Hongkong's first victim of variant Cruetzfeldt-Jakob Disease(vCJD), the human form of mad-cow disease has been identified as a 34 year old woman. A statement from the Prince of Wales hosopital confirmed that the patient had fulfilled all clinical diagnostic criteria for the disease.

The unnamed patient was said to be local but had lived in Britain from 1985 to 1992 and from 1997 to early this year.

The difference between variant CJD and classic CJD is characterized by vCJD's earlier psychiatric symptoms and striking younger people. Of the 18 cases of classic CJD in Hongkong since 1996, 16 have died.  --adapted from a Rueters New Item.

ss


Suzanne

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Re: Mad Cow Disease (BSE)
« Reply #31 on: July 04, 2001, 08:59:00 AM »
MAD COW CASE FOUND IN ROUTINE TESTING

GREECE--This country confirmed its first case of mad cow disease July 2, 2001 at a slaughterhouse in a northern town. The disease was detected in a cow at the slaughterhouse in Sidirokastro. The bovine spongiform encephalopathy, or BSE, was found during routine testing implemented on Jan. 1, 2001. --adapted from the Riverside, Calif. Press-Enterprise, July 3, 2001.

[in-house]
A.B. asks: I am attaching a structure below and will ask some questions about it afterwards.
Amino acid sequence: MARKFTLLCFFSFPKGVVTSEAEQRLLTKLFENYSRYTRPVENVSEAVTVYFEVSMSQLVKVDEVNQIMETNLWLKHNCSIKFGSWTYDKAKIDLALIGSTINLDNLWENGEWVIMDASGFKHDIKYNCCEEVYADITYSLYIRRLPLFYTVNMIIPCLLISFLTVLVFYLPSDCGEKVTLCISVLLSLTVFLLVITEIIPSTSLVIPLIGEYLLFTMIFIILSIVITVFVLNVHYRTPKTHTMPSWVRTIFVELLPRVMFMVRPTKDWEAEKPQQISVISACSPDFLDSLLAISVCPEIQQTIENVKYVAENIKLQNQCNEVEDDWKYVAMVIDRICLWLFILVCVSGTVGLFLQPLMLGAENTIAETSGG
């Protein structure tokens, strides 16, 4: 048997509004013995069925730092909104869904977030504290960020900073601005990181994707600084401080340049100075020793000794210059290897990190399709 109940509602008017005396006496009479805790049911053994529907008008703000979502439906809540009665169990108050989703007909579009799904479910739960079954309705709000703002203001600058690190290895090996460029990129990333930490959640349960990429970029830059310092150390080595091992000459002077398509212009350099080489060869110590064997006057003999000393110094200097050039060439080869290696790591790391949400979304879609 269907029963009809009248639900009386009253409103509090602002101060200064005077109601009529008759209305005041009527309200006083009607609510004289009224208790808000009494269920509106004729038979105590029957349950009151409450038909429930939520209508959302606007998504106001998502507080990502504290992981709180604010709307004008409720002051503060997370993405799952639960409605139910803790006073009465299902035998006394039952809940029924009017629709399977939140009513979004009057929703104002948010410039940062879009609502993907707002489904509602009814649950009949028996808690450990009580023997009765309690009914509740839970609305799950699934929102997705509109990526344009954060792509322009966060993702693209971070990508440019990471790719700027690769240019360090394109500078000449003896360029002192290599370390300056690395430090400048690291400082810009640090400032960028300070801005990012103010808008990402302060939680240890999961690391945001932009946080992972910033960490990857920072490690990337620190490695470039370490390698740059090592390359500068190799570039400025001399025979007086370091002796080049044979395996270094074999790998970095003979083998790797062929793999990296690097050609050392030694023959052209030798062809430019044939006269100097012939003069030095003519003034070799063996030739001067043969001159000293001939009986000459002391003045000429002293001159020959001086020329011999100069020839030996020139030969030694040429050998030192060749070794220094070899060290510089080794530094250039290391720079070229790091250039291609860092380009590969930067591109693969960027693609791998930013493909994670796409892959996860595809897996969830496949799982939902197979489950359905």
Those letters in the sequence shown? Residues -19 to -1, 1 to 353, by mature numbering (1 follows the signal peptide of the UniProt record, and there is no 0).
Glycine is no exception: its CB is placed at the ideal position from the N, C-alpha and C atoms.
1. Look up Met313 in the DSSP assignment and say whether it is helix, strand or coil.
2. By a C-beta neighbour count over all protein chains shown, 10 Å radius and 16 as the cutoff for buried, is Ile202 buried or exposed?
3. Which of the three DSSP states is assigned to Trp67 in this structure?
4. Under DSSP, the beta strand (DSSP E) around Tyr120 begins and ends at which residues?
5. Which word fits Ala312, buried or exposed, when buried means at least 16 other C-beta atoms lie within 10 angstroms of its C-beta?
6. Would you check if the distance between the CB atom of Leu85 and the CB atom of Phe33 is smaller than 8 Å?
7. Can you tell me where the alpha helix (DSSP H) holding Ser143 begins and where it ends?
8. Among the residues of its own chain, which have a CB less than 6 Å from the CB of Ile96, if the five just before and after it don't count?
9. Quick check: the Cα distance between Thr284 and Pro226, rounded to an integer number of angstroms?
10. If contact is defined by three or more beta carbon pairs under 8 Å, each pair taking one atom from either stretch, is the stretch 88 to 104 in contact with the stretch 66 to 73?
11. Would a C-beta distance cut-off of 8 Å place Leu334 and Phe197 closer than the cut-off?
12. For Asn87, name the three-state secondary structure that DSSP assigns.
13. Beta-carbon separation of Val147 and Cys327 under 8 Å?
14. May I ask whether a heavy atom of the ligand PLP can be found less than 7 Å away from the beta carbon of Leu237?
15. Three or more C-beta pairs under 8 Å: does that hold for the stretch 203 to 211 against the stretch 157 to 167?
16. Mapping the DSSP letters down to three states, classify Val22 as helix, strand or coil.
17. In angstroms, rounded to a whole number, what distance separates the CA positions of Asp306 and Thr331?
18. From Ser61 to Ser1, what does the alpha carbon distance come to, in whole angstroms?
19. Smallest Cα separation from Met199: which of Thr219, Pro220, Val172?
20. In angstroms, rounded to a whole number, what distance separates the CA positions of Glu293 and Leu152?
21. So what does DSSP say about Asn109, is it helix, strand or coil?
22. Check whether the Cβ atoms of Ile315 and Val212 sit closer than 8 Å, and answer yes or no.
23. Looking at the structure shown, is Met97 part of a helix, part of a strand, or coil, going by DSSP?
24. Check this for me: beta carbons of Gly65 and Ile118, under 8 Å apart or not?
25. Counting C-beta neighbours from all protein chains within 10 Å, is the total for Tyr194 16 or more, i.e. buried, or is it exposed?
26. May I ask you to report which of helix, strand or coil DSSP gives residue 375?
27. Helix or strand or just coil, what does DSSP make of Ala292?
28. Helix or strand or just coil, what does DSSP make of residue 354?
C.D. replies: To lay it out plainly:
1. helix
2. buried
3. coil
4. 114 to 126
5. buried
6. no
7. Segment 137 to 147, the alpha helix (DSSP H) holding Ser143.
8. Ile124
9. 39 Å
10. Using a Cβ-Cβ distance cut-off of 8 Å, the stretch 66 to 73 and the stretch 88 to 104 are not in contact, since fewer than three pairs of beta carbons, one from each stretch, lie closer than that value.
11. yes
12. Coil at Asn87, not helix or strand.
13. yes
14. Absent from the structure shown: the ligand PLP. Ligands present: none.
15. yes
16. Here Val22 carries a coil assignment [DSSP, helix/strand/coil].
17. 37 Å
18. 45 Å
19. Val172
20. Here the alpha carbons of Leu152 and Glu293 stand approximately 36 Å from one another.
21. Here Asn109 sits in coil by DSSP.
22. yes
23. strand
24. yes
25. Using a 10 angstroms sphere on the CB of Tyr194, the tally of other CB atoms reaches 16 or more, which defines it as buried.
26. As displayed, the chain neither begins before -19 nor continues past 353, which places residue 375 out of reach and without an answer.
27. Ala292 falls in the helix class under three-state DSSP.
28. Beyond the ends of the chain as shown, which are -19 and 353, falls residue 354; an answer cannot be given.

Curt

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Re: Mad Cow Disease (BSE)
« Reply #32 on: July 15, 2001, 04:39:00 AM »
Thurday evening, returning from a trip I was passing through the immigration section of the airport to collect my luggage. There were personnel handing EVERY passenger a handout on CJD and Foot & Mouth disease. As I received my copy and walked on I saw a 6 foot high standing poster on the same topic. Nothing is said about Mad Cow Disease though.

Shouldn't we be seeing such warnings in our offices and churches where there is Pot Luck lunch served with meat?  

It is high time that warnings be sent out on ALL fronts.

FAITH - As God's blessed sons & daughters we are to attempt the impossible to the extent that we will fail unless God steps in.   Keep the faith

Suzanne